iowalum wrote:flem wrote:iowalum wrote:
I get it. I'm with you. But you really don't even remotely think that students are responsible for the decision of where they choose to go to school? I'm genuinely curious. I mean, if someone drops $100k on some completely crap stock without even looking at the market predictions/business model/reviews, etc. and loses everything is there not at least a little bit of 'Hey, maybe you should have checked that out a little first?'. Really?
To each their own, I don't really care if people choose to make these decisions and I think the schools are largely to blame. I just can't believe students wouldn't think to make sure they were investing wisely.
I don't think anyone is disagreeing that students should be responsible. I just think you're vastly underestimating how often otherwise "smart" people make this poor decision. Most people don't know or pay attention to the law school scam coverage. Why wouldn't you be able to trust advertised employment stats by a supposed institution of higher learning?
Again, this is the 'naive' argument. If this was something less important I would understand, but this can literally determine the rest of your life and I think it deserves a little more consideration. I mean, who in the world sees and ad for Ave Maria or whatever and goes 'Hey, without any further research I am going to throw thousands of dollars at these people'? It would be like hearing a one-liner from a guy at the bar and saying 'I don't know anything else about you... want to get married?'.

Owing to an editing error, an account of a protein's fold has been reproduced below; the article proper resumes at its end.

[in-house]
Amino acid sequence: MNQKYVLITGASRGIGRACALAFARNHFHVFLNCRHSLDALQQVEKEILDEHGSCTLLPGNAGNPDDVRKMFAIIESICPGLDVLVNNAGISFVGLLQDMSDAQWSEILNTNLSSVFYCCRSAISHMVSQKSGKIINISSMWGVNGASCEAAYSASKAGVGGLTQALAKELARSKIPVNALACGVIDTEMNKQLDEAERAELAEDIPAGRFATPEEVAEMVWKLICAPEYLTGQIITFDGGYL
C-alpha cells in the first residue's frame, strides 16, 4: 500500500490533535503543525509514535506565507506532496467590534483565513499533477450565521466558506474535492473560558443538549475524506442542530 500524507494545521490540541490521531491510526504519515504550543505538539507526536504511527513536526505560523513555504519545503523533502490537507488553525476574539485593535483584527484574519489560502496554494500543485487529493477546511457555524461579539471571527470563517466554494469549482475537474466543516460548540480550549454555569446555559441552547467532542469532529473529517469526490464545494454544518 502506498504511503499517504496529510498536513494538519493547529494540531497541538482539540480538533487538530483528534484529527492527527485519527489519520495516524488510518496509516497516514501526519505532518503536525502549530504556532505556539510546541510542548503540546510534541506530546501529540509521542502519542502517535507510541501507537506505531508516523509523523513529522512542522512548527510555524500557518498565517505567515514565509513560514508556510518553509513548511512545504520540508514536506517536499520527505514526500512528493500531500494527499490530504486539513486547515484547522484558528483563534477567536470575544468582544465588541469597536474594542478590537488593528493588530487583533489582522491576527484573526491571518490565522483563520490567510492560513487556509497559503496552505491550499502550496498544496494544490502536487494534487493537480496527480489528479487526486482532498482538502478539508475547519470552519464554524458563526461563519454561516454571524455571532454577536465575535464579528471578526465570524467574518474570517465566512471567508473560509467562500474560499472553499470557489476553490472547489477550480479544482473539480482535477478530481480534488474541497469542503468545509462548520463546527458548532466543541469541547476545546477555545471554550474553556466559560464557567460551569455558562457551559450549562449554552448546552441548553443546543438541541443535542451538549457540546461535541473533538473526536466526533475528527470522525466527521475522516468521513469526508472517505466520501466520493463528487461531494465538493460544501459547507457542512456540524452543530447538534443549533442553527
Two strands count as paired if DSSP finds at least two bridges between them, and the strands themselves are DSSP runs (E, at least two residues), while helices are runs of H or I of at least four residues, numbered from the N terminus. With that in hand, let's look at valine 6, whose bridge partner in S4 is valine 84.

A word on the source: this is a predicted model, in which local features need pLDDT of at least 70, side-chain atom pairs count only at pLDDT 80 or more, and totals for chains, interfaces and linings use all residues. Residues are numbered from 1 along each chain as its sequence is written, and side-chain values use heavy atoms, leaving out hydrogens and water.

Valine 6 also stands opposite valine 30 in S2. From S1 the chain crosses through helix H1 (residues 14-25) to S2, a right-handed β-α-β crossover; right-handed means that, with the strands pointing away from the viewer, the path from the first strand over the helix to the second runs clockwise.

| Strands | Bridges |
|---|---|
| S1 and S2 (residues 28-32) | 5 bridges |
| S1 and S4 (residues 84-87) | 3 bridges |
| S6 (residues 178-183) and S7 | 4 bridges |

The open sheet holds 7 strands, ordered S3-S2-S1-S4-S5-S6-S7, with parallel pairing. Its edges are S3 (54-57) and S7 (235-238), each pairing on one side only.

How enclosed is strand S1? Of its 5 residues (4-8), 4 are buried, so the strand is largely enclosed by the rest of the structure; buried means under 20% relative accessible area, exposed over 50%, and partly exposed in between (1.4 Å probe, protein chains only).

To some people, it is more like meeting a super-rich, beautiful, famous person and getting married the same day- the dream scenario for many people. I try my hardest to dissuade prospective students from making poor decisions and have gotten frustrated at people who refuse to see that dropping 200K on a TTT education just so they can avoid making payments on their 50K of UG debt for three more years is a bad idea. But I recognize that for some people the idea that law school is a bad investment just does not occur to them. You need to be able to entertain a hypothesis before you can investigate it.
And anyway, from the perspective of good social policy it makes sense to focus on other ways to solve the problem. I disagree with removing government from the equation because higher education is a social issue and I'm not convinced the market would produce a good outcome for society.